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Curator’s Thoughts: Welcome Derin!


Derin Tanyol
Curator of Modern & Contemporary Art



Welcome to The Hyde, Derin! What would you like our members to know about you? 

I’m an art historian, curator, and teacher, with my areas of focus ranging from nineteenth-century French painting through contemporary art. Early in my career, I spent two distinctly superlative years in Paris, where minuscule cups of coffee fueled my dissertation on Napoleonic history painting (critical thinking about Napoleon was very fashionable among academics in the 1990s). But when I moved to New York’s Hudson Valley, I was drawn into the high-energy regional art scene, especially in Woodstock, whose cultural history long predates the legendary three-day concert of 1969. So what began as an academic trajectory studying European painting evolved into a curatorial career in contemporary art, which has a very different dynamic: working on a show concept with a living artist is like building art history from within. I’ve produced shows of both regional emerging artists and established names on the contemporary scene. And I’ll always love teaching art history; I’ve taught nineteenth- and twentieth-century art at Vassar College, Wesleyan University, and SUNY New Paltz.


Beyond the arts, I’ve been a technical rock climber for twenty-five years. I’ve climbed throughout the United States, Italy, France, and the UK, and did a three-week trek in Nepal’s Annapurna range. Being a “climbing art historian” scored me a dream workation high above the Grand Canal, constructing one of Mike and Doug Starn’s towering Big Bambú installations for the Venice Biennale. The Adirondacks are a magnet for climbers and Glens Falls is surrounded by destination climbing areas; I feel so privileged to be able to call this beautiful region home, and to work with the important modern collections at The Hyde.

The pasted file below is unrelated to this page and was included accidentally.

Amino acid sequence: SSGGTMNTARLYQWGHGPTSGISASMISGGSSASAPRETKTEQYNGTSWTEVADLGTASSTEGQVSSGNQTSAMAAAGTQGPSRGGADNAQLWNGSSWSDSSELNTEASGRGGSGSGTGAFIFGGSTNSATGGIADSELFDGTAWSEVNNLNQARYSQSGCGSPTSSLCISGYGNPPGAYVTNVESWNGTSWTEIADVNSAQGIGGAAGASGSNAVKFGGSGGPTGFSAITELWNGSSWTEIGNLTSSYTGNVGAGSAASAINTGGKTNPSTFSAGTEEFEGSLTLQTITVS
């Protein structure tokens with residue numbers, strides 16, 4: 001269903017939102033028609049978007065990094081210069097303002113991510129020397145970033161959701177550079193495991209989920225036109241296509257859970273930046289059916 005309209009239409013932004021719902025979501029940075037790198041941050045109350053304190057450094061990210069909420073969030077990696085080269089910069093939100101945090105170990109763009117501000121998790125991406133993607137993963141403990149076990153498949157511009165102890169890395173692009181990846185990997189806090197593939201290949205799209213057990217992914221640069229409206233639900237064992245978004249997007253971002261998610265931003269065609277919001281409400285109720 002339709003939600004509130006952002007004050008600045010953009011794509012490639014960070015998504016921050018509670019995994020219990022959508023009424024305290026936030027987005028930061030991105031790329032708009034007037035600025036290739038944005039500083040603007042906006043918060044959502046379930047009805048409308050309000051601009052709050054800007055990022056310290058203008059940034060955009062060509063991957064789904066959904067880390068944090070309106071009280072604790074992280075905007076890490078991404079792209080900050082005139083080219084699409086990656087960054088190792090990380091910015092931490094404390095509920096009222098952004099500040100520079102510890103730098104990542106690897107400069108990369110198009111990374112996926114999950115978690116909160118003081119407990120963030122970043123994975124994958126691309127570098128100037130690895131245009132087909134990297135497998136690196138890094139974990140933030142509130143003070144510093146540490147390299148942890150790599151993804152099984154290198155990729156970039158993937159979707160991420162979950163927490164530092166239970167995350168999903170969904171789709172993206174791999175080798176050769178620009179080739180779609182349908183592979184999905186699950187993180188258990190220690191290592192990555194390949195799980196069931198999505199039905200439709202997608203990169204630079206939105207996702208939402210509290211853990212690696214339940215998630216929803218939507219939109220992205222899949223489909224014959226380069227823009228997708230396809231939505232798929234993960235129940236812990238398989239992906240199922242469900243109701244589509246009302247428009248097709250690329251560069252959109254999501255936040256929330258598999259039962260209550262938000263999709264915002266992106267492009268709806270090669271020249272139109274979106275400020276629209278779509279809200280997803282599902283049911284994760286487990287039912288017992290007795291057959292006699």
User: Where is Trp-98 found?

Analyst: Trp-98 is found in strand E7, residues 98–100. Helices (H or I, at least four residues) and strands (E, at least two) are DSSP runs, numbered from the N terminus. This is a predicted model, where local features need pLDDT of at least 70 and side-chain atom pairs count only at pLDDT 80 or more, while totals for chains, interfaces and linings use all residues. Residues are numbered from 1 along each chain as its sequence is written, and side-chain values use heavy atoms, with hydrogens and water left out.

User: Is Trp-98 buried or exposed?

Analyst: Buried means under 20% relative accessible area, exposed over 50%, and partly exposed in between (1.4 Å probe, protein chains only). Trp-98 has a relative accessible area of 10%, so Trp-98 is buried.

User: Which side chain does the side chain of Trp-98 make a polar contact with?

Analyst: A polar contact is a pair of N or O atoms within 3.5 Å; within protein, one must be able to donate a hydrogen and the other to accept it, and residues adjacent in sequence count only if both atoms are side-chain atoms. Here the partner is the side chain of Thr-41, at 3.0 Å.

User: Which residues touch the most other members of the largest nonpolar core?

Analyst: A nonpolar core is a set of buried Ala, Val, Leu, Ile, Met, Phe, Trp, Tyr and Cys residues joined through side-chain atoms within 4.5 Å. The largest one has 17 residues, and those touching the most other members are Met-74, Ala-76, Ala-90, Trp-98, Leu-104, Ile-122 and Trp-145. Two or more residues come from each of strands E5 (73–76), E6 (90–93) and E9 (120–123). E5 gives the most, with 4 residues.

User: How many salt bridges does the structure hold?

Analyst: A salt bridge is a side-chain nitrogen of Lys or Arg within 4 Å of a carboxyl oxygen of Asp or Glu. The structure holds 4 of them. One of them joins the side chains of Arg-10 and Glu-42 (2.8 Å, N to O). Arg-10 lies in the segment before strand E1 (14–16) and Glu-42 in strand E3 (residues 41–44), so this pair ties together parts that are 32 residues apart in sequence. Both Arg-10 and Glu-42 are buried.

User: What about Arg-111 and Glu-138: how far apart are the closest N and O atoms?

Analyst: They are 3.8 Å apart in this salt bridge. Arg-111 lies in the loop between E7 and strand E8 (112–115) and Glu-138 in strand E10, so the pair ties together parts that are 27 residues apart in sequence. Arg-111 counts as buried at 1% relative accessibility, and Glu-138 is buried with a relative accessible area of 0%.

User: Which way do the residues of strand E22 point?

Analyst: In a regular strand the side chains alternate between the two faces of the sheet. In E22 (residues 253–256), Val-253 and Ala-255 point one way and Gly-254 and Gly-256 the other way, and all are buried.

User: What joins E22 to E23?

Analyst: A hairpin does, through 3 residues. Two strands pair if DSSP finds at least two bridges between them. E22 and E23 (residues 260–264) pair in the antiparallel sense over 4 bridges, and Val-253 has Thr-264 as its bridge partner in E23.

What attracted you to serving The Hyde Collection as the first ever curator of modern and contemporary art? 

I have always loved The Hyde for its place within the tradition of house museums like the Isabella Stewart Gardner Museum—places where visitors experience not just great works of art, but also the domestic lives, tastes, and spirit of the devoted collectors who amassed those artworks. The recent Feibes & Schmitt gift includes major names like Jean Arp, Ellsworth Kelly, Grace Hartigan, and Sol LeWitt—an enormous feather in the Museum’s cap. Combined with the Murray and Sills Collections, this gift places The Hyde at the forefront of regional modern collections and that, for any curator, is a serious enticement. Being at the dawn of interpreting a new acquisition, and how that acquisition shapes the future growth of the Museum, is a really exciting opportunity for me.


Do you have a favorite piece in the collection? If so, why is it your favorite? 

Right now, Sam Gilliam’s Asking (1972) is on my mind—though an official “favorite piece” will have to wait until I’ve developed a deeper knowledge of the collection, and will be apt to change from month to month! When Gilliam died this past summer, we lost a monumental innovator and mentor to so many artists. He is best known for his color-drenched, draped canvases suspended from ceilings or hooks rather than hung flat on a wall—these amounted to a radical fusion of painting and sculpture. His identity as an African American whose artistic career took hold during the Civil Rights movement speaks so much to the powerful impact artists of color have had on the history of art. Though Asking is more traditional in its stretched format, it shows Gilliam for the masterful colorist and improviser that he was, with such an evocative exploration of the canvas as a fabric surface. In the year Asking was painted, 1972, Gilliam was chosen to represent the U.S. at the Venice Biennale—the first African American artist to receive this distinction.

Image: Sam Gilliam, American (1933-2022), Asking, 1972, acrylic on canvas, 81 x 75 in., The Hyde Collection, Glens Falls, NY, gift of Dr. Robert and Jane Lewit, 2010.17. Photograph by Michael Fredericks. © 1972 Sam Gilliam.